Introductions are invaluable whenever you are networking or looking for like-minded people, new clients, a potential job or board seat, business opportunity etc. A good introduction is a catalyst for conversation and potential relationships.
Providing helpful information when making an introduction is critical, yet people often miss the mark. It’s important to provide at least a little background and context to show that you're making a valuable introduction for both people.
Similarly, when you’re being introduced to others, be responsive and timely! Competing work priorities, a flood of unread emails or a calendar filled with meetings is no excuse for skipping basic professional etiquette. Your actions before, during and after introductions shape the impression you make on others and reflect your personal brand.
Keep the following tips in mind when making and receiving introductions to set the stage for effective relationship building.
When making introductions -- in person or online -- consider what to say strategically. The information you initially share will help each party to get a good, high-level picture of the other, spark interest and provide fodder for conversation.
Include current, relevant information about each person and, when possible, link to helpful resources like LinkedIn profiles, company websites etc. Explain how you know them, e.g., We worked together at ABC Company. Or, We met at (or on) the XYZ Conference when we were on a panel about unique ways to sell widgets. If appropriate, include something personal too., e.g., She's a cyclist, like you! Use discretion with anything personal, however (oversharing can lead to awkward situations).
If you’re loosely connected to someone -- or haven’t been in touch in a while -- reconnect FIRST whenever possible. This will make for better introductions later. Also, don’t oversell the depth of connection to someone or how long you’ve known each other, i.e., claim to have a closer relationship or stronger influence than you really do (this can reflect poorly on you later).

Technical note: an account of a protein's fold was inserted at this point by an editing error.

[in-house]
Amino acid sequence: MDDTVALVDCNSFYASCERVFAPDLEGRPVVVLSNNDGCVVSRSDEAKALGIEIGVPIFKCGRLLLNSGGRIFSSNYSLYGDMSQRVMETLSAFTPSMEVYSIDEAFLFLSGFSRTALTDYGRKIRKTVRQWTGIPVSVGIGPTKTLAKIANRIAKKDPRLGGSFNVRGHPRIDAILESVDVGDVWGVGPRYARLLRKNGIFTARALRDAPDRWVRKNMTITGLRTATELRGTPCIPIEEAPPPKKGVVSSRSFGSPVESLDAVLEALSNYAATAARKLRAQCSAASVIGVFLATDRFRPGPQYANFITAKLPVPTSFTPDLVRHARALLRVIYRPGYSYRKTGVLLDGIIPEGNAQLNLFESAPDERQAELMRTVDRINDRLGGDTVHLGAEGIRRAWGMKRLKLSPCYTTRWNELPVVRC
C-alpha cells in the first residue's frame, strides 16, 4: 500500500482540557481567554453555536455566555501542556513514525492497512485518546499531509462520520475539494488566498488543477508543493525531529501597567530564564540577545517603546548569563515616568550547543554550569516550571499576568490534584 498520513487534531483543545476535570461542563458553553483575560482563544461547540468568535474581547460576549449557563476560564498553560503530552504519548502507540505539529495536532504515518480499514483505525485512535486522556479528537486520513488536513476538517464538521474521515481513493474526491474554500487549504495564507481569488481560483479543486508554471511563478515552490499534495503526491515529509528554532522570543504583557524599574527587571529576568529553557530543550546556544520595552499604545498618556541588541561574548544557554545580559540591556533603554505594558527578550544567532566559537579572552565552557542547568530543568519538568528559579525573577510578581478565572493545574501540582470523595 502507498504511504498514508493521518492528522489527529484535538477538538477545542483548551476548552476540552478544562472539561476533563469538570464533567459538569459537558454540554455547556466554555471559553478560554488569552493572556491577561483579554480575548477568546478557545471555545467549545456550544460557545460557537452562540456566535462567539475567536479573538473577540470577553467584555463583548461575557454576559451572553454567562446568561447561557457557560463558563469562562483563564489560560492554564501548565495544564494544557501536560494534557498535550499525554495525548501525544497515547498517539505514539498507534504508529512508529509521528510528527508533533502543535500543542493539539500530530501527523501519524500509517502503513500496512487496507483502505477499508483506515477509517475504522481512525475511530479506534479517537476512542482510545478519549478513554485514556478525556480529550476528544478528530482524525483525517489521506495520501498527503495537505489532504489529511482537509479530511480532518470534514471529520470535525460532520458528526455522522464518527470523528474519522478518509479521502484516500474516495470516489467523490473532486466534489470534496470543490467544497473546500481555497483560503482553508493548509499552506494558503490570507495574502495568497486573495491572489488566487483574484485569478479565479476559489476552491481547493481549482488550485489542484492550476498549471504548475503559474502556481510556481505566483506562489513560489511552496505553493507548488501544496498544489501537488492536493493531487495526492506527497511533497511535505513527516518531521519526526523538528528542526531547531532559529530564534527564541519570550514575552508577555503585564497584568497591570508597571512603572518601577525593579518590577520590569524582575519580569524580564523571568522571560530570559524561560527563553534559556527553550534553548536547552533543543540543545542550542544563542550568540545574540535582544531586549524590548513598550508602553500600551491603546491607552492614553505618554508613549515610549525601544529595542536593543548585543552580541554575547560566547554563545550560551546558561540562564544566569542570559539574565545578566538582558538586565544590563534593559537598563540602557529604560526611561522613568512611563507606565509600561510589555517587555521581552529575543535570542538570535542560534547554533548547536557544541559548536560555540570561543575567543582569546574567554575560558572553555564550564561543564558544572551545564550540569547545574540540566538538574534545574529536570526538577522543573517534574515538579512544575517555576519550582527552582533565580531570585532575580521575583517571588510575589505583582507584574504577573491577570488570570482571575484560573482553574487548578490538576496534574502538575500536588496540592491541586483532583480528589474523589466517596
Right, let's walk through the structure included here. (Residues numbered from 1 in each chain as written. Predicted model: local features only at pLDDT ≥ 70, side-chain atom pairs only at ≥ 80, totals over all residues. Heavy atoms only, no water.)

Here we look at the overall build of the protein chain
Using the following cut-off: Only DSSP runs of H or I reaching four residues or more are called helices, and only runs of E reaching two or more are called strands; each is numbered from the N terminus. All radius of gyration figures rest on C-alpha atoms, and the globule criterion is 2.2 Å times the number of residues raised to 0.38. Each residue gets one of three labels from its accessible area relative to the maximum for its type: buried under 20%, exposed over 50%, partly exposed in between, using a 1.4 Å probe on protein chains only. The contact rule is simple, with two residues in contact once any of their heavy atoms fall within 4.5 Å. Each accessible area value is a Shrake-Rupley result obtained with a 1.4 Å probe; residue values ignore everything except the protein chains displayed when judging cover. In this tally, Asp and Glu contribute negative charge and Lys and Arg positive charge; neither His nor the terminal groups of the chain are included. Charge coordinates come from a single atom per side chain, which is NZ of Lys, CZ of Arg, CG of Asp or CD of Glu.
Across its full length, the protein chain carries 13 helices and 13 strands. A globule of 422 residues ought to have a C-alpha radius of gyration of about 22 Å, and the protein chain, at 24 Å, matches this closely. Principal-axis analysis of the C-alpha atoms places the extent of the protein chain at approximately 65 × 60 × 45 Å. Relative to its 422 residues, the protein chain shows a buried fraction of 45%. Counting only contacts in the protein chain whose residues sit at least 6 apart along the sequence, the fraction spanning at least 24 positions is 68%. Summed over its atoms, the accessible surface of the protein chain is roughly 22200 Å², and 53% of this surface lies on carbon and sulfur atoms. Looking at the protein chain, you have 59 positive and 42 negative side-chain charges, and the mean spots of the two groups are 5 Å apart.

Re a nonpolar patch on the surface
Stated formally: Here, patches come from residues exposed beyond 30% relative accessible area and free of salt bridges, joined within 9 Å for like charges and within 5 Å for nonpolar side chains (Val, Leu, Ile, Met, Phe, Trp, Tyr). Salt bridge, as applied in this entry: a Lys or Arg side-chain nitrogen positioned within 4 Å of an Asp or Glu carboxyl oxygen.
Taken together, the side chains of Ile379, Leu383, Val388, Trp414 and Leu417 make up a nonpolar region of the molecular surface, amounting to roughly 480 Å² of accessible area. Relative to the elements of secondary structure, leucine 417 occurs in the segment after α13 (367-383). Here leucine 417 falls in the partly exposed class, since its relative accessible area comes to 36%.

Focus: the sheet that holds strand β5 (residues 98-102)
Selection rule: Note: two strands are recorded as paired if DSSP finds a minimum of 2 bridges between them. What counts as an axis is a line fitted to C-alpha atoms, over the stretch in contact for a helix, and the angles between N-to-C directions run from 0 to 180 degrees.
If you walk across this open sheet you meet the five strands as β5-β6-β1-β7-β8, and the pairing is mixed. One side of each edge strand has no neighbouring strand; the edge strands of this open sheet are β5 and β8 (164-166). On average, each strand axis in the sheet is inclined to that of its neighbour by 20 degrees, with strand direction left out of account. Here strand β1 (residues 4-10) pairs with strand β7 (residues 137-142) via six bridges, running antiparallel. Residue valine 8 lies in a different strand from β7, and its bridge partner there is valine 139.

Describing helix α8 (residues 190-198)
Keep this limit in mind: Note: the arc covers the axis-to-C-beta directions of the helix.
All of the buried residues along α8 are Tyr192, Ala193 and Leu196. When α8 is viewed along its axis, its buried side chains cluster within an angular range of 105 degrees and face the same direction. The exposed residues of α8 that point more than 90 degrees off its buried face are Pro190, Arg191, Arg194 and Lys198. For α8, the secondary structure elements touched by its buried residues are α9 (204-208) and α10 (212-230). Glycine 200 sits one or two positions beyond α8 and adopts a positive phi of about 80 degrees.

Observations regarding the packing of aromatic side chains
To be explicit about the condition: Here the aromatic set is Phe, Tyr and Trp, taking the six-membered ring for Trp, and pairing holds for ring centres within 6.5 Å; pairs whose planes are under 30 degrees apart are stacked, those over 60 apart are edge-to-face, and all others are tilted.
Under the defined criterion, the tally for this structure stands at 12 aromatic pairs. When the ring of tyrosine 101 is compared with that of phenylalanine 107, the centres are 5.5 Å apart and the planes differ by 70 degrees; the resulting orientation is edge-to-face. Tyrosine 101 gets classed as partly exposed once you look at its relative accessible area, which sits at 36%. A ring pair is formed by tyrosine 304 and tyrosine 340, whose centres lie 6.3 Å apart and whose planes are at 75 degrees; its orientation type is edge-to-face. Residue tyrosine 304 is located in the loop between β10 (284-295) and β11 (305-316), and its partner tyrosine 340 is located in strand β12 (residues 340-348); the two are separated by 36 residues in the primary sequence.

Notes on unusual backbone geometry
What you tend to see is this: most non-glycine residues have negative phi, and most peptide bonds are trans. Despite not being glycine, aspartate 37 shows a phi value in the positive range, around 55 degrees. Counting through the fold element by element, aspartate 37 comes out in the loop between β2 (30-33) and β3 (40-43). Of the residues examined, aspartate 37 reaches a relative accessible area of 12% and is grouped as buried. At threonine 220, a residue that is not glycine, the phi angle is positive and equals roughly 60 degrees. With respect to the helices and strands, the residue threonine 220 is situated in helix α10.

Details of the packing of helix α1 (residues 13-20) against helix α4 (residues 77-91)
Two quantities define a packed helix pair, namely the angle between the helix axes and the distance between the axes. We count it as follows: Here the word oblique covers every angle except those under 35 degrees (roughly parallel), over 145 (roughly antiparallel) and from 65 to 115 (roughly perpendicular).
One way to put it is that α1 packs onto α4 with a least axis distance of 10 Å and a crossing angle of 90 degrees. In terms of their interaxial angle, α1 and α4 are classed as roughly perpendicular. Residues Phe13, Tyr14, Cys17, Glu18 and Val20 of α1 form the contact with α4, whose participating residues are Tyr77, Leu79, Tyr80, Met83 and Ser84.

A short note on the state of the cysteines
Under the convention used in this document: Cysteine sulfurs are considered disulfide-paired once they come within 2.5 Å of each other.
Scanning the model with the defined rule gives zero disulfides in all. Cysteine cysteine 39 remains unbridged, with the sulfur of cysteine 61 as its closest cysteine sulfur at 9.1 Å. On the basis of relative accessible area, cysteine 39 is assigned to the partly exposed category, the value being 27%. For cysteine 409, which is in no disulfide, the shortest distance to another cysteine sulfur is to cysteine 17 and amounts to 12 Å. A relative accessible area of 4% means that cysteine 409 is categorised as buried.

While you don’t always need permission to introduce people (especially when you know both parties well), it’s often appropriate to ask first, like when you want to connect people about a job opportunity. Even when it’s not necessary, seeking permission is still courteous, e.g., Hi Joe. I met the CMO of ABC Company on a networking Zoom last week. She just moved here from LA and is looking to meet other marketing execs involved in the widget industry. Is it ok if I send an email intro? It can also help circumvent communications delays. If you find out someone will be away on vacation for the next two weeks, for instance, you can advise both parties as to when you will circle back.
When you make meaningful introductions, your contacts are more likely to reciprocate and help you out too. Just as you’re expected to make honest, professional and courteous introductions, when you’re on the receiving end, you have obligations as well.
If you’re introduced to someone by email or LinkedIn, REPLY PROMPTLY. Not only is it rude not to, failing to reply in a timely manner reflects badly on your personal brand and can embarrass the person who initiated the connection. Worse yet, slow responses can lead to opportunity loss and dissuade others from making introductions on your behalf in the future.
If you can’t make immediate plans to connect, always respond to the new contact and suggest next steps, such as emailing again in a few weeks if you’re swamped (hint: put it in your calendar so you don’t forget) or scheduling a call several weeks out. Not responding -- whether to the initial email or follow-up steps -- is not acceptable.
When someone makes an introduction on your behalf, they've taken the time to think about how you might benefit from knowing a specific person. In doing so, they've also put their own reputation on the line. This investment of time and thought always deserves prompt and gracious acknowledgement, which is easily accomplished by including them in your initial response to the email introduction.
Following a successful connection, don’t forget to circle back to the person who first introduced you and update them about how things went, especially if the connection is a great resource for a job or business opportunity, or led you to additional people. Communicating the status of the new relationship and how it’s helped you (or how you’ve helped the other person) is one of the best ways you can convey your appreciation for their efforts. Your feedback also may encourage that person to think of others you should meet too.
If the person responsible for your meeting has to follow up with you to see if you and the other party ever connected -- or if they only hear about the results from the person they introduced you to -- it will reflect poorly on you. The best bet is always to fill them in yourself.
How you make and respond to introductions shapes the way others see you and can impact opportunities. Facilitating a well-thought out introduction not only provides a helpful picture of the parties you bring together, it builds your reputation as a valuable relationship broker as well. When on the receiving end of an introduction, timely response and follow-through will help you develop the new relationship and generate a positive impression too. While simple, these steps are fundamental aspects of professional communication, common courtesy and essential for a good personal brand.